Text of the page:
Population Modeling of Bladder Cancer Detection and Control

Principal Investigator:   Thomas Trikalinos, MD, PhD
Institution: Brown University

Co-PI:

Hawre Jalal, MD, PhD University of Ottawa

Grant Number:U01CA265750

Abstract: Bladder cancer is the second most common genitourinary malignancy in the US with approximately 80,000 new cases and 17,700 deaths each year. It is a heterogeneous set of diseases that range from locally treatable superficial tumors that are generally not life-threatening but require chronic management, to advanced disease that requires multimodal invasive treatments and has higher risk of distal metastasis and death. It is the ninth most expensive cancer overall in the US, and, per diagnosed patient, the most expensive cancer to manage. Risk factors for bladder cancer broadly include chemical and environmental exposures such as cigarette smoking and chemical carcinogens that are ingested or found in the workplace, as well as genetic abnormalities and chronic bladder irritation. Outcomes for bladder cancer have remained relatively stable in the last two decades. However, opportunities abound to improve the prevention, detection, and management of bladder cancer. The advent of novel biomarkers, and novel treatments, including immunotherapies (checkpoint inhibitors), gene therapies, and antibody-drug conjugates may have a large impact in coming years.

Bladder cancer is amenable to population modeling because it has high morbidity, mortality, and cost, is likely preventable by minimizing smoking and toxin exposure, and the emergence of novel promising biomarkers and treatments. The long-term goal of our research program is to improve the effectiveness and efficiency of population- and person-level approaches to bladder cancer prevention, detection, and management given current knowledge and constraints. The overall objective of the current proposal is to address major questions in the surveillance, treatment, prevention, and diagnosis of bladder cancer by means of comparative mathematical modeling. We will address six specific aims:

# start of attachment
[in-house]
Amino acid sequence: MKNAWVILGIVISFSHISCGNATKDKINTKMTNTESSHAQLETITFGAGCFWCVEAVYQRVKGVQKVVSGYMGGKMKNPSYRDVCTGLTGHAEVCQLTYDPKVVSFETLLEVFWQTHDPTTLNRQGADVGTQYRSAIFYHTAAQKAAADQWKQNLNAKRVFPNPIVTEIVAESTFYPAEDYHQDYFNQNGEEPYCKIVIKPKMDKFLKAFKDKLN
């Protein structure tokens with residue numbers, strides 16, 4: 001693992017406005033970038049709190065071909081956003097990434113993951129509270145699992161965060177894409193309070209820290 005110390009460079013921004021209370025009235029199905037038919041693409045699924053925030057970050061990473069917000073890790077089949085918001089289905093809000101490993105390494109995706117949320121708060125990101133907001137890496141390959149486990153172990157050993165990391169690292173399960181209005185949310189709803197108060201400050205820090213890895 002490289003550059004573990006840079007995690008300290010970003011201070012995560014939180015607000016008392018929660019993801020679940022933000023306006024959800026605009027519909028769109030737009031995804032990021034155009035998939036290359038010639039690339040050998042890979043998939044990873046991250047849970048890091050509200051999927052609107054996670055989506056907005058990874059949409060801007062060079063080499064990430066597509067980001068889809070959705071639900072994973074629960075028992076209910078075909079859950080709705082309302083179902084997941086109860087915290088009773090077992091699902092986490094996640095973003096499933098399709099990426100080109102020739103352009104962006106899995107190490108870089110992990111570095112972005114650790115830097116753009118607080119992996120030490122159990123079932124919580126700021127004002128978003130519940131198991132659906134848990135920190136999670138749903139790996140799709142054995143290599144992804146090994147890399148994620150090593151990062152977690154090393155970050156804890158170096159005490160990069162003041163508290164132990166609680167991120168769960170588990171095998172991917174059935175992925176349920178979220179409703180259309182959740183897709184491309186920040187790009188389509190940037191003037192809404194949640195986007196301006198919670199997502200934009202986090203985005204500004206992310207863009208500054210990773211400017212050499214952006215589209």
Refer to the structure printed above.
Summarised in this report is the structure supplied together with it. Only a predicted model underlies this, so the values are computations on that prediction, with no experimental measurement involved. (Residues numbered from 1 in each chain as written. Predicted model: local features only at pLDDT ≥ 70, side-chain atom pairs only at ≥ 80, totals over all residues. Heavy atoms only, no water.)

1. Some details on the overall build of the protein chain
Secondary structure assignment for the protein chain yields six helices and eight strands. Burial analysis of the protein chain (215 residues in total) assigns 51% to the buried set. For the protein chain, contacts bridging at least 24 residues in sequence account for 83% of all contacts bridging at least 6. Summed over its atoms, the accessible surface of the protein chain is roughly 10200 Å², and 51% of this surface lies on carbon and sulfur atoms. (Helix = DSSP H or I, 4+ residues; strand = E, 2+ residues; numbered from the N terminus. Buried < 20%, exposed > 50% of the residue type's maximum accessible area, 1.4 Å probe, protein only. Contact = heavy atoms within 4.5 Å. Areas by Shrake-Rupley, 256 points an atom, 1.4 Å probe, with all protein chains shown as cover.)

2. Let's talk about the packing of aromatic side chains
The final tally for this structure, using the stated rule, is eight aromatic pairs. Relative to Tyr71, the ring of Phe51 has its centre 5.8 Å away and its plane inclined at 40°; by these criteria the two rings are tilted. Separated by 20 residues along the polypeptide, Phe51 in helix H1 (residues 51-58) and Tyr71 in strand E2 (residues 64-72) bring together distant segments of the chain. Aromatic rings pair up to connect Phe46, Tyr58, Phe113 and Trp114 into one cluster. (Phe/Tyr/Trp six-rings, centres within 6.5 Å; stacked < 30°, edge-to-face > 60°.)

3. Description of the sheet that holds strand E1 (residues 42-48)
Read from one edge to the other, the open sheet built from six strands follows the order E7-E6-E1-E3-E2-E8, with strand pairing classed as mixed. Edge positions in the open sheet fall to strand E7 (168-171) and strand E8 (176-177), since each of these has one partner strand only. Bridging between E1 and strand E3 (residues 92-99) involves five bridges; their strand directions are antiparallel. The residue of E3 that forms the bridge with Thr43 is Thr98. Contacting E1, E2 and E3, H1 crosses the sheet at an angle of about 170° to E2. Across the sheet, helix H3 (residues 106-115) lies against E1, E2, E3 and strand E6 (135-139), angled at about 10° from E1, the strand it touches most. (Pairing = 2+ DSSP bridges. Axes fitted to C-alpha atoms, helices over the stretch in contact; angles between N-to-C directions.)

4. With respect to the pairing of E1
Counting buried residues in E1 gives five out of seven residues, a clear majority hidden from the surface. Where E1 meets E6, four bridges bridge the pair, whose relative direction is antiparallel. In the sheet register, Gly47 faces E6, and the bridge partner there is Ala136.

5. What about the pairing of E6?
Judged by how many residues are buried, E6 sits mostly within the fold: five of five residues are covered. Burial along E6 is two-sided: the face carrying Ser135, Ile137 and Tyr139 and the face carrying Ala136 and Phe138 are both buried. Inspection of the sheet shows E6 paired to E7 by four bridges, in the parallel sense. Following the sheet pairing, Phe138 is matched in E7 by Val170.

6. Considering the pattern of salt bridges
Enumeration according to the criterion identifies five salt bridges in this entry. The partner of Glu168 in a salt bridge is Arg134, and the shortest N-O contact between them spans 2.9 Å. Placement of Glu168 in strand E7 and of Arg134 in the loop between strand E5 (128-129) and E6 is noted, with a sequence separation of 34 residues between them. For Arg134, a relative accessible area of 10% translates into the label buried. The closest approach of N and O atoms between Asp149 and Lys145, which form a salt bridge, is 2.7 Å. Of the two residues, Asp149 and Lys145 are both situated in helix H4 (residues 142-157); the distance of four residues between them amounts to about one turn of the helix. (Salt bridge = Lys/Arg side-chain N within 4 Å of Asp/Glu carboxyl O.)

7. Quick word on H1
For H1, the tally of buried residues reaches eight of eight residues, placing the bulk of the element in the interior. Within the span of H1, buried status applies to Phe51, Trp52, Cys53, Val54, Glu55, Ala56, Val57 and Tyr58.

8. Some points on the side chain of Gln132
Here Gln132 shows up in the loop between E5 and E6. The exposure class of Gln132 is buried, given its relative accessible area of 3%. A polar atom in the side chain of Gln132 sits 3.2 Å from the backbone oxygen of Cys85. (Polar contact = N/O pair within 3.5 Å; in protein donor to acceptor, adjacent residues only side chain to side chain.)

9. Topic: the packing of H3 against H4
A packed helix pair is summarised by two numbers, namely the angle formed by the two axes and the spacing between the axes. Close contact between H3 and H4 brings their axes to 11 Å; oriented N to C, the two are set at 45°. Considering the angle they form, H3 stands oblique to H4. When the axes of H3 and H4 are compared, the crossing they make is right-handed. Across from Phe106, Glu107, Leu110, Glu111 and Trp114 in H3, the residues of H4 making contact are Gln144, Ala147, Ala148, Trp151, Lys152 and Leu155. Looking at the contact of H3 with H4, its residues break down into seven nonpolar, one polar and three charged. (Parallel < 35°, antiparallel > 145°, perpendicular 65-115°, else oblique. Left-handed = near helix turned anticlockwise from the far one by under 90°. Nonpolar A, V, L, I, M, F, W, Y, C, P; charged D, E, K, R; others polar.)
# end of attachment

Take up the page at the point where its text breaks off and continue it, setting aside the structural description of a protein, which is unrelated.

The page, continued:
1. Complete the development, calibration, and validation of two independent population models of bladder cancer;
  2. Explain secular trends in bladder cancer incidence in relation to trends in tobacco use in key population subgroups and estimate the impact of the 1964 Surgeon General’s smoking recommendations;
  3. Assess the effectiveness of smoking cessation, reduction and prevention interventions for the prevention of bladder cancer incidence and mortality;
  4. Assess the effectiveness and cost-effectiveness of generic and tailored/patient-centric surveillance policies for patients with non-muscle invasive bladder cancer;
  5. Assess the comparative effectiveness of treatments for organ-confined bladder cancer; and
  6. Assess the effectiveness of screening for bladder cancer among high-risk subgroups.